More than just the tip in Albania

Corruption in the Balkans: Part 1

Living in the US, you get used to tipping for just about anything. If there is a hint of service in any transaction, you throw in 20% for good measure. When you travel, however, you need to get accustomed to new rules. In most countries, people will be tolerant with tourists when they do not understand the customs. In highly touristic areas, it's also common to find distorted customs, caused by American tourists who have changed expectations.

I was born in France, where nobody tips, and it's almost never expected. Employees are paid a wage and no matter how good the service is, you pay the same thing. After living in the US for 15 years, I've gotten used to tipping, I really appreciate the ability to reward a good service.

Now that I live in Albania, I've discovered yet another tipping culture. Here, employees are arguably not paid a fair wage, and tipping is not so common. While 20% is considered a good tip in the US, 5% will make people happy in Albania. They don't expect it, and will appreciate it. There is one place, however, where you would not expect to be tipping, but often find yourself encouraged to: the public administration.

For me, and most people in the West, the position of public servant implies a level of respectability and fairness. If something has a cost, you assume it is a fair cost, you assume the money goes into a register, accounted by the administration, and everyone paying that fee would get the same service. In Albania, you are encouraged (by locals) to give a little extra to state workers processing your documents. I tipped a lady at the local government office to file for marriage. On top of that, she kept the change for the fee, so she took about $20 extra for a 10 minutes operation. That's money that goes straight into her pocket, it's obviously not declared anywhere. I could not believe it, I gave her the money, she counted it, thanked me and moved on to other business. Since you want your document processed instead of being thrown into a bin, you suck it up. Light blackmail.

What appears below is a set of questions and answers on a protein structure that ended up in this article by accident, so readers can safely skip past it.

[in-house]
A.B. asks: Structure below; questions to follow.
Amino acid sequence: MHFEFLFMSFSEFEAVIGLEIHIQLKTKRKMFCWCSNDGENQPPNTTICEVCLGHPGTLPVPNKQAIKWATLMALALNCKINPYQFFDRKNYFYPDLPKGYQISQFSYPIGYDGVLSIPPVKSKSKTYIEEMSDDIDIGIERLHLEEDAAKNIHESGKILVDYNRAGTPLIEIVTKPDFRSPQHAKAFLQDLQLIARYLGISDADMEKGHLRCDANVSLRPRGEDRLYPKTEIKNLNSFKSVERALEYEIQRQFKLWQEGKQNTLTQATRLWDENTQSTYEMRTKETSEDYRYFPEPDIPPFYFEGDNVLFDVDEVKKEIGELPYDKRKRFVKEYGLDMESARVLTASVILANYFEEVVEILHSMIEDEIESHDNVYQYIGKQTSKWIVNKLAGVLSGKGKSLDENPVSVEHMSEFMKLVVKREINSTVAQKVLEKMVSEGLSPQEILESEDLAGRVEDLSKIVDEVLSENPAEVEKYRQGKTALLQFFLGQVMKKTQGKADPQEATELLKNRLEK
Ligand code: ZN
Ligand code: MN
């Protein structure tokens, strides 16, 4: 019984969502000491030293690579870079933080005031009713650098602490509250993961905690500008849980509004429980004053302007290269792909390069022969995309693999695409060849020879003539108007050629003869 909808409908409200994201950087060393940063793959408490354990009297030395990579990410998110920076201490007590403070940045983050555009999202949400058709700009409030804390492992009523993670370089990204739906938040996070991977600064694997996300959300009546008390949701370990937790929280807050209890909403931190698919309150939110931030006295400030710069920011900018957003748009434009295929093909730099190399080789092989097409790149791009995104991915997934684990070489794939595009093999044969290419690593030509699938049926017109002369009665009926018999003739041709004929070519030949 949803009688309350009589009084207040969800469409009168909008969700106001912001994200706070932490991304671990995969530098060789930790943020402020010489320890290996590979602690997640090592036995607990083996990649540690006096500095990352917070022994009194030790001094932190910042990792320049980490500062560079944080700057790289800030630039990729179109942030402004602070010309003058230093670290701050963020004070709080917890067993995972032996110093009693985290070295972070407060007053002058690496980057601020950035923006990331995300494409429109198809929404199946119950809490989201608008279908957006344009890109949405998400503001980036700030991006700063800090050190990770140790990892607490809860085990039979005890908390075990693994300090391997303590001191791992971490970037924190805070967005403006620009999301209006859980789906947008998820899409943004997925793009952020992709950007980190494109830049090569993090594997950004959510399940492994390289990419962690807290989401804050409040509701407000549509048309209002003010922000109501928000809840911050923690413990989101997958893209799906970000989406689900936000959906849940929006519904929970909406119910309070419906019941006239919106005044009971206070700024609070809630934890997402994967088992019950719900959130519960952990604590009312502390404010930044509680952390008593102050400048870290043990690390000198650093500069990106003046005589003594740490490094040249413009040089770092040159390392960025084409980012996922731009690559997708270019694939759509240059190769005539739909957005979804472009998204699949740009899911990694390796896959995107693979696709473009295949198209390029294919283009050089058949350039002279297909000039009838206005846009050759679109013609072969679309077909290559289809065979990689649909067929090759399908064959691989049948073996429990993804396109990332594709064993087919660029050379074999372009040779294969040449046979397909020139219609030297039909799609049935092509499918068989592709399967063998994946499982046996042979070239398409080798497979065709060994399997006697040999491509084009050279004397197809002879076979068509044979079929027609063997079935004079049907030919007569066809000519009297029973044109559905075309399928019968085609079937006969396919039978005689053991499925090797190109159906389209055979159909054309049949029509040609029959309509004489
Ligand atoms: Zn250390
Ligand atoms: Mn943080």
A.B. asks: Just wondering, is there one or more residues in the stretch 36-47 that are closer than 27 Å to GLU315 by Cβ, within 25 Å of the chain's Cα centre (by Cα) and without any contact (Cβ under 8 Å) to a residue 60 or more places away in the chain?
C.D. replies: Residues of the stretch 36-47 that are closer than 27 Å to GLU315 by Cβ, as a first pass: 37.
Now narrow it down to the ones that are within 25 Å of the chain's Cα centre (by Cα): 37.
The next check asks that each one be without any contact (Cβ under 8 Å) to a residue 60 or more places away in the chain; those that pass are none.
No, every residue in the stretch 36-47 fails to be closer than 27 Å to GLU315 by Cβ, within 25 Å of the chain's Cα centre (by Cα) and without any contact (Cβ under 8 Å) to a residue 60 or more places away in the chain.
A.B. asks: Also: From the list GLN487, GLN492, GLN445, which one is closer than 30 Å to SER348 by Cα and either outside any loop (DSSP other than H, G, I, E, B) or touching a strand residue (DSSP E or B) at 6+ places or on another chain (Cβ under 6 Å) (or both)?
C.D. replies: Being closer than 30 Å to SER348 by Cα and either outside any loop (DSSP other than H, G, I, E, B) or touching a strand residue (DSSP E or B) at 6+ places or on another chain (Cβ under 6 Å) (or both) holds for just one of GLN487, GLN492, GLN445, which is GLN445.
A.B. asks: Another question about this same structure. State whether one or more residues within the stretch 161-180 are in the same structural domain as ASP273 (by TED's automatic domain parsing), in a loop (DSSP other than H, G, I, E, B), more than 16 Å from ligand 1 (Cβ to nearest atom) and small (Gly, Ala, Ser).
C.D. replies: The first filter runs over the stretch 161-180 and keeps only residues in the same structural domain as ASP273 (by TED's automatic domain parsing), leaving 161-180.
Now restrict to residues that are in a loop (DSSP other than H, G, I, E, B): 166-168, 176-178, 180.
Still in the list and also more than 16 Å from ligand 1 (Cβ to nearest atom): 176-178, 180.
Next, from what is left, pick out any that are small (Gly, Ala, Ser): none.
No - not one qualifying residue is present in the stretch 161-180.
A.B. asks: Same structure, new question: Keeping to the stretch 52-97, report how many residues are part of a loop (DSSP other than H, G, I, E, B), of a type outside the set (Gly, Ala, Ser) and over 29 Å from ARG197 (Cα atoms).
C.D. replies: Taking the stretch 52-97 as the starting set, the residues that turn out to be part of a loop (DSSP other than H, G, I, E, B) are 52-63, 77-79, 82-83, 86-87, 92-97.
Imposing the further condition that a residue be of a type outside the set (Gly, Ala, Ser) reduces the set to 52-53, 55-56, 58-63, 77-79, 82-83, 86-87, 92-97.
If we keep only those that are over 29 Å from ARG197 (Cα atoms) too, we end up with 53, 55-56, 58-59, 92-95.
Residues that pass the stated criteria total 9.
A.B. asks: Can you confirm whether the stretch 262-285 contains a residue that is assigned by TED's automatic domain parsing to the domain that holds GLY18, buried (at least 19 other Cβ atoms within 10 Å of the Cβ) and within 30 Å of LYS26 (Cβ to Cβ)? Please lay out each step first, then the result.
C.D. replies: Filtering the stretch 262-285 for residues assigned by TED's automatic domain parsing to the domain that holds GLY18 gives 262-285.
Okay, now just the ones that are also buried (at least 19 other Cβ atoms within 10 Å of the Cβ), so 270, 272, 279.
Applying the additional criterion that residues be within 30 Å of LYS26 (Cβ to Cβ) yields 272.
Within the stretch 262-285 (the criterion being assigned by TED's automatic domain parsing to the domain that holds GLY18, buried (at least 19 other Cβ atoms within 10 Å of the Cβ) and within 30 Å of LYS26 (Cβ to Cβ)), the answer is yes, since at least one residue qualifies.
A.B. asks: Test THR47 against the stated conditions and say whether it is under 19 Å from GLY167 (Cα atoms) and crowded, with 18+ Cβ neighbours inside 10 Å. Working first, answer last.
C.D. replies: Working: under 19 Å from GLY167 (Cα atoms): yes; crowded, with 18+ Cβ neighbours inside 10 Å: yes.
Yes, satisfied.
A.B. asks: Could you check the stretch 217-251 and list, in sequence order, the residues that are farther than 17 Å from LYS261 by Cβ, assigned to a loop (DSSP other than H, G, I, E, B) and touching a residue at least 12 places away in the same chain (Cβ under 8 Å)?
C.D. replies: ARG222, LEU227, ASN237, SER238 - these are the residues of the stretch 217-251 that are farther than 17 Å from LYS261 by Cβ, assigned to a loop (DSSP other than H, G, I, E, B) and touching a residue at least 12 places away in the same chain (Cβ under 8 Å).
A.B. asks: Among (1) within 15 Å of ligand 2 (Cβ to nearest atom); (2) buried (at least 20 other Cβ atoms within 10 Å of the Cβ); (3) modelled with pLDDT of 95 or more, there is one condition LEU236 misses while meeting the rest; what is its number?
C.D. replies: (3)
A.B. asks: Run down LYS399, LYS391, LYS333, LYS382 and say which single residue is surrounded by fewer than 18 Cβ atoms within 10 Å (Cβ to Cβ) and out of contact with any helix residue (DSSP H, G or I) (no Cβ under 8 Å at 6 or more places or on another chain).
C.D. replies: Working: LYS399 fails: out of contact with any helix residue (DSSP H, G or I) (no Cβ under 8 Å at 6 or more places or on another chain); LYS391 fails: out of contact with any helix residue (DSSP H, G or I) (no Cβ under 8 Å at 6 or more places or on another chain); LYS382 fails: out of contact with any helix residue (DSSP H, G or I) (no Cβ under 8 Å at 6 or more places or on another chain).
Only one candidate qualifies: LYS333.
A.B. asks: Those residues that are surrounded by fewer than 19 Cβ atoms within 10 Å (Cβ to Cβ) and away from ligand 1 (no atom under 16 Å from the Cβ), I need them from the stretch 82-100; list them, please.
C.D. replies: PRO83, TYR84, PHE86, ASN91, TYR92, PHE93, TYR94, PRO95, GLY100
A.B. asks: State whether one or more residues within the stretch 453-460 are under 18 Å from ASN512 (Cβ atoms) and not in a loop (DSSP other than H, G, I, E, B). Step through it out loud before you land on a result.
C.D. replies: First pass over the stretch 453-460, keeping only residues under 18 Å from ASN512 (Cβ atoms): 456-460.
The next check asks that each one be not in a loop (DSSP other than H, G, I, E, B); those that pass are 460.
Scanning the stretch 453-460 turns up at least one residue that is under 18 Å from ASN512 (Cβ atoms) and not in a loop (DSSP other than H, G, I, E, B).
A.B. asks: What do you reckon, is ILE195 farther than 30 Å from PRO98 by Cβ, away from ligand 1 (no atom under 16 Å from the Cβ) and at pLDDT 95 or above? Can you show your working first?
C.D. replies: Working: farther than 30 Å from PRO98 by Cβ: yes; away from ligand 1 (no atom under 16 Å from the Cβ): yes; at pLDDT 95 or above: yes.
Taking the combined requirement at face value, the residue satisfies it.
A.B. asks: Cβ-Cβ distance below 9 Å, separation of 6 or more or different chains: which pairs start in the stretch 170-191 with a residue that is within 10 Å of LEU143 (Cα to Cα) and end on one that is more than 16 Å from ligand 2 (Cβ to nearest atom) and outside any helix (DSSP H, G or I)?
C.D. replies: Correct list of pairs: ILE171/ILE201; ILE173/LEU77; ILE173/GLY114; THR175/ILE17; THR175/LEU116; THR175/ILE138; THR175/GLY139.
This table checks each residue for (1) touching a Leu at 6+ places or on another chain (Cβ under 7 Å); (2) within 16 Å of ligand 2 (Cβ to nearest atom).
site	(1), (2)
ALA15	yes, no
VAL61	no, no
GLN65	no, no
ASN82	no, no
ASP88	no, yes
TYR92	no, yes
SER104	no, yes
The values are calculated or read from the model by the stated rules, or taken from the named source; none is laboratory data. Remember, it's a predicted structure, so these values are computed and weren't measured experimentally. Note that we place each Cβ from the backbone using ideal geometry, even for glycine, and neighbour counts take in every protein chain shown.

This is abuse of office. This is corruption.

I wasn't certain of this before, I didn't know whether I should be respectful of something that seemed to be part of the culture or just be outraged. I chose to be outraged despite bribery being part of the culture. A Kosovar critical of some Albanian bad habits told me once not to play by the customs and set a new standard, but trying not to take too much risk.

The libertarian in me is thinking that after all, this is just another form of taxation, but more granular. If you consider taxation an abuse of government, whether this is done by the "legal" government, its local warlords or their employees, it's really all the same theft. You could also squint and see the whole operation as commerce, and argue that they are offering a service (e.g. proper processing of your documents) and you are just paying for it. You are dealing with one person who could easily create a roadblock for you, and you pay to avoid that. However, there is no competition possible, the person taking the bribe is in a position of power, you have no option to go somewhere else and give business to someone else. You would need to form your own government in order to compete.

What's really frustrating–and that appear to be true in the whole Balkans–is that those in power, i.e. those who can fix this, are doing the same thing at a much greater level. It's $10 Leke for me, it's $10,000 for the local mafia warlord (also known as "The Mayor"), it's 10 million dollars for the national government. And I think this is why nothing is getting done in Albania, it is deeply ingrained in the landscape of the country. Everything halts to a grind because money is bleeding. Every dollar you spend only operates at a fraction of its capacity, because it has to fuel a parallel economy of theft and deceit.

Last updated: 2021-11-11 07:09:08 CET